Less than 150 years ago, surgery was little more than a gamble, a hyper-risky venture often deadlier than the ills it was supposed to cure. Sterile surroundings were still unknown in hospitals, anesthesia often consisted of holding down patients while doctors cut away, and in the disdainful eyes of both the public and the profession, "surgeons" were deemed little more than butchers posing as physicians.
All that changed in America thanks largely to the work, research and determination of a remarkably complex man most people have never heard of: Dr William Stewart Halsted.
This scientific pioneer is the subject of a new book by prominent New York plastic surgeon, Dr. Gerald Imber : Genius On The Edge: The Bizarre Double Life of Dr. William Stewart Halsted (Kaplan Publishing).
A gripping mixture of medical history and detailed biographical analysis, Imber's book recounts how the 19th century father of modern surgery -- born to an austere Quaker family in the decade before the Civil War -- entered New York City's College of Physicians and Surgeons in 1874. There he became obsessed with the need to discover scientific ways to make patients safe from infection and to transform surgery from its barbaric, ineffective state into the life saving miracle that it is today.
Struggling against the norms of his time, Halsted introduced aseptic surgical practices, fought for solid training for surgeons, pioneered effective mastectomies, hernia operations, and was the first to insist that the scientific world experiment on dogs and other animals rather than on humans -- and do so in strictly antiseptic laboratories. Even the use of sterile thin rubber gloves -- a mainstay of modern surgery -- was a Halsted innovation.
He was also among the first surgeons to seek proper local anesthesia for his patients -- experimenting, for starters, with a drug that was being used by "an impoverished young physician in Vienna named Sigmund Freud,"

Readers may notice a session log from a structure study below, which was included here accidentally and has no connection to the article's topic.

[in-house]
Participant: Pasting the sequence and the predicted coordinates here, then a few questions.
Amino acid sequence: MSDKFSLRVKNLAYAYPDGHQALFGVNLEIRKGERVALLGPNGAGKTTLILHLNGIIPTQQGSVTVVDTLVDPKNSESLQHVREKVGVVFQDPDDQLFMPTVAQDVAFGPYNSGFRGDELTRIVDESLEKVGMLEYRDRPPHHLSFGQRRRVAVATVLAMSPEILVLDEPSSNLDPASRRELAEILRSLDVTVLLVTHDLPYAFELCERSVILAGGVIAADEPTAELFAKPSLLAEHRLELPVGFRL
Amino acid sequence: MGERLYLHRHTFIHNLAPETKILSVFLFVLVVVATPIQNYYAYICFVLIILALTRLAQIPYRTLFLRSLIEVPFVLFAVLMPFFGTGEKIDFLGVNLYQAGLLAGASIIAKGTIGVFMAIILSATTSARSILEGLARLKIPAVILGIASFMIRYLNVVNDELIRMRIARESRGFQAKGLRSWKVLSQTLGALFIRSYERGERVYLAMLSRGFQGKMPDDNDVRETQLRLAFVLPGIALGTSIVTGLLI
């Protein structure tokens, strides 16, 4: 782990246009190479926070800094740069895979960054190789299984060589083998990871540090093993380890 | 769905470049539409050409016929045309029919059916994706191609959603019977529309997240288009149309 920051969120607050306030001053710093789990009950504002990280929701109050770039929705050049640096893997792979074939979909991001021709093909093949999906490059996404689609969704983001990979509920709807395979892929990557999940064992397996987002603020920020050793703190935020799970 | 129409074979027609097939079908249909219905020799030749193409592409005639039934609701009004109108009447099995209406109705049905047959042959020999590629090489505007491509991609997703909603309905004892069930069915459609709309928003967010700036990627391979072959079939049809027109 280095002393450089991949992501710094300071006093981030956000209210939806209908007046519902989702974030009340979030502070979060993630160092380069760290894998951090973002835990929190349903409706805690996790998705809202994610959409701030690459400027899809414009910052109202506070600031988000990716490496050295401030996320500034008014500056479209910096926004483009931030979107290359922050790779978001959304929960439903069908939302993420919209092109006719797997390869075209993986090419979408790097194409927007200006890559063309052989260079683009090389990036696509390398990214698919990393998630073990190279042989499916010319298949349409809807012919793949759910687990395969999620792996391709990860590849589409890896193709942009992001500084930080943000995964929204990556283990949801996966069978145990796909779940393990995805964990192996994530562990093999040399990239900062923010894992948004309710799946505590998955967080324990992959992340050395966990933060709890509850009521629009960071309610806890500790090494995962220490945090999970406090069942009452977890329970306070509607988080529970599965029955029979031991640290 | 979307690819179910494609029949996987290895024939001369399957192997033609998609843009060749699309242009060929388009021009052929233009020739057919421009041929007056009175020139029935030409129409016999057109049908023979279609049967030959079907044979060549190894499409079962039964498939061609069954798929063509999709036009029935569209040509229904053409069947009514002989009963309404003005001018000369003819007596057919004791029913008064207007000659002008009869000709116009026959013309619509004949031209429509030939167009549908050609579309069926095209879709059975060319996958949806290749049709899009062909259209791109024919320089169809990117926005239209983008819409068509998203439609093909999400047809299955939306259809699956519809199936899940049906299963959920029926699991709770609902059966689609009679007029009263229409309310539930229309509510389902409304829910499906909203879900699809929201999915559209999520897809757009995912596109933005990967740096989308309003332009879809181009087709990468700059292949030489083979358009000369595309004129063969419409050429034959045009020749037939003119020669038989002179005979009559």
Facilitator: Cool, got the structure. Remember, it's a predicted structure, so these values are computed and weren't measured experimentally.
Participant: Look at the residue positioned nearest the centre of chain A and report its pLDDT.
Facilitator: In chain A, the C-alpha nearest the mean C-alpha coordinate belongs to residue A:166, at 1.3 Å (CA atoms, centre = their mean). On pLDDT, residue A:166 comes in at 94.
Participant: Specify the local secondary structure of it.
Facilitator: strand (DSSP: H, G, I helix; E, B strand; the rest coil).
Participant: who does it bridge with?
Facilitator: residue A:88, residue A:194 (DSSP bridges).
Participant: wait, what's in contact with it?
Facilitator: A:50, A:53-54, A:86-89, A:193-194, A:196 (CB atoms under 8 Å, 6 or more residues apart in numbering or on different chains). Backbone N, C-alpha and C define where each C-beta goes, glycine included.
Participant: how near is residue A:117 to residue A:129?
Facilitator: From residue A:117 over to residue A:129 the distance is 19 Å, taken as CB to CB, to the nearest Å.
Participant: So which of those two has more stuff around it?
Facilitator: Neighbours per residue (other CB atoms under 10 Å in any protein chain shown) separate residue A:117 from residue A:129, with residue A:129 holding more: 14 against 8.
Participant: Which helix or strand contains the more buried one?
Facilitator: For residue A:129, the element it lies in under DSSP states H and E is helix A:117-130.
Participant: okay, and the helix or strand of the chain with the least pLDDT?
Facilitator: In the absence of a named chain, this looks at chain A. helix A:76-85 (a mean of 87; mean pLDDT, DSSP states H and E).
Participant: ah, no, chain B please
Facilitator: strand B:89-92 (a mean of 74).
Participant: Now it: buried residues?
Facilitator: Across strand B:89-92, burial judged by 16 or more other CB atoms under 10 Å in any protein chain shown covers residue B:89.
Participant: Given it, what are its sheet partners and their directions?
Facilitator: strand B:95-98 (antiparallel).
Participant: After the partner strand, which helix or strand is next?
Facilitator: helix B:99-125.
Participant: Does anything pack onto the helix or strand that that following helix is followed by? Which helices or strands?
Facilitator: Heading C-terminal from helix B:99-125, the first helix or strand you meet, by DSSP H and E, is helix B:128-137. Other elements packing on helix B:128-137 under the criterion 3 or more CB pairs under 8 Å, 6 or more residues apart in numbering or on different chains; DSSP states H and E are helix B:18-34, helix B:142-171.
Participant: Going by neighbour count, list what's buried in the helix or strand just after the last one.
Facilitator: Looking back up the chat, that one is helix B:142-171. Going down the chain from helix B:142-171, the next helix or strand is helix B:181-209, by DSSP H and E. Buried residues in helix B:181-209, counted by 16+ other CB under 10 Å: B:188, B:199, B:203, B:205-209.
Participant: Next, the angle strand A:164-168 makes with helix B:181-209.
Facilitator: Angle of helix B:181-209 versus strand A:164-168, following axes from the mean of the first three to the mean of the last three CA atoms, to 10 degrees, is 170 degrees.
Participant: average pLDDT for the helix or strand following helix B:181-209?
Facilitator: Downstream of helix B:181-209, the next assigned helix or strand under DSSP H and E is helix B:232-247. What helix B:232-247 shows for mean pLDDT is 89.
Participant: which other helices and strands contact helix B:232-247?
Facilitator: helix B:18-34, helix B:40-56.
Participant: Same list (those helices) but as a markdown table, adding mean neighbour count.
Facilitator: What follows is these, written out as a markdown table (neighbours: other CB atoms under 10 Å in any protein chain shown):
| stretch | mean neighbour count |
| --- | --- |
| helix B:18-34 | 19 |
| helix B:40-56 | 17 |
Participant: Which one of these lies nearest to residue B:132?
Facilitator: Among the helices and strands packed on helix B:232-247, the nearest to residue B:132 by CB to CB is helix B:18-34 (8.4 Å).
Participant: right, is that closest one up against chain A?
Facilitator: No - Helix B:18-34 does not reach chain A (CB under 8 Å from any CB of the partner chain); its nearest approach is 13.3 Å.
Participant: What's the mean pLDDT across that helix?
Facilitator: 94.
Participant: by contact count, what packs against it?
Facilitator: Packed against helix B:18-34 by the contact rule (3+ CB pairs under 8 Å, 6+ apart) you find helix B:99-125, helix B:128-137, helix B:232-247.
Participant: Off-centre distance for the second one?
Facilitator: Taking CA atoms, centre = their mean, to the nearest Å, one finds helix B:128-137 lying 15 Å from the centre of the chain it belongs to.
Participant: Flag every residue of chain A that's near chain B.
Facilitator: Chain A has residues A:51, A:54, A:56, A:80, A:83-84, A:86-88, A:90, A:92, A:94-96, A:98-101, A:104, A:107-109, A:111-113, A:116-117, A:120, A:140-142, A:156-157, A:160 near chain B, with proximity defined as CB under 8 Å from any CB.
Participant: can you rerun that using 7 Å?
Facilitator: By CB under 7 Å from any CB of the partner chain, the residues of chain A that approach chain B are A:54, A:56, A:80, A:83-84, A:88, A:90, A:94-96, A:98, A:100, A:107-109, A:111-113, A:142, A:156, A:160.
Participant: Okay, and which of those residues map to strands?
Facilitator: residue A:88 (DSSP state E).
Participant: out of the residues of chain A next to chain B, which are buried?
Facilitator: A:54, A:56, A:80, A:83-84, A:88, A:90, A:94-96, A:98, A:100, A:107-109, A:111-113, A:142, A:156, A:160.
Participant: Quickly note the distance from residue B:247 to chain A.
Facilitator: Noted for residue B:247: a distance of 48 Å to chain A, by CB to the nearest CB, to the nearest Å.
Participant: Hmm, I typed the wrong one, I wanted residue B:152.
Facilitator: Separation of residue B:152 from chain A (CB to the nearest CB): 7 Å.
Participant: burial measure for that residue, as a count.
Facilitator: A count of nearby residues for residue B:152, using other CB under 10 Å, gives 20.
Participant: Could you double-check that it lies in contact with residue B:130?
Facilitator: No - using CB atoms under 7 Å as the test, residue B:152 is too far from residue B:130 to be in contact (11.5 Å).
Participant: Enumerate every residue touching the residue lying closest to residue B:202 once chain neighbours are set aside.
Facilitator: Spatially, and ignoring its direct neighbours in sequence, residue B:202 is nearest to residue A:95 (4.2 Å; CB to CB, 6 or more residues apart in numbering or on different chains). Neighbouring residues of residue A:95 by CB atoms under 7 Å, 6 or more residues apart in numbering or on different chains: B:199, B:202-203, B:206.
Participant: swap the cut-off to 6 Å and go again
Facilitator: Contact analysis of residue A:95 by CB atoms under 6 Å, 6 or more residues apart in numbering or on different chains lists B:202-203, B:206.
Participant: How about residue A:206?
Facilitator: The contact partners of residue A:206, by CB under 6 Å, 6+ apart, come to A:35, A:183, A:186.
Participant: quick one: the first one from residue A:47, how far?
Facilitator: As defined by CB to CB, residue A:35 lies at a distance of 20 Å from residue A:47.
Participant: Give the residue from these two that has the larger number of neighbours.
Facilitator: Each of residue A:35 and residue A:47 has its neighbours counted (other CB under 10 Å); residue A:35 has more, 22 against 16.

The anesthetic was cocaine, which was sold freely in the US until 1914. At the time, it was used in everything from Coca-Cola to over the counter patent medicines. For a while, it became Halsted's drug of choice -- not only for his surgery, but for himself. He was soon totally addicted, and would often combine the stimulant with use of morphine. The drugs had a stranglehold on his private life (which was in itself a strange Victorian combination of fine food, elegant lifestyle and a carefully guarded separateness in which the bearded Halsted and his long suffering wife, Caroline, lived largely apart under the same roof -- both at home and at their country estate in North Carolina).
Amazingly, it did not prevent Halsted from continuing his pioneering research -- a medical adventure in which he occasionally used members of his own family as guinea pigs. In 1882, he carried out the first recorded surgical removal of gallstones, in an emergency operation on his own mother as she lay atop a kitchen table at two in the morning. An early believer in ways of preserving and transfusing human blood, he once discovered his sister moribund as the result of post-partum blood loss. Without hesitation, he daringly withdrew a quantity of his own blood and boldly transfused it to her -- saving her life.
Drawn by the presence of colleagues he respected -- and who respected him -- Halsted moved to Baltimore where he was named the first chief of surgery at Johns Hopkins Hospital when the famed institution opened in 1889. He was later credited with launching Johns Hopkins' formal surgical training program, the first in the United States. Eventually he became professor of surgery, a position he held till his death in 1920.
Imber, whom I've known for many years and whose cosmetic surgery I've written about in the past, has had a long fascination with the Halsted story. "I actually studied with people who had worked under Halsted's long time assistant, George Heuer", he told me, "Few people -- even in the profession -- know about Halsted's accomplishments. Where would we be today without him?"
Imber decided some years ago to devote himself to a full biography of the complex Halsted. He commissioned his own son, Jason Imber, to begin the project's initial research in the archives at Johns Hopkins. Genius on the Edge is the eventual result.
It's a fascinating, novel-like read that would make a captivating film. Attention, John Malkovich!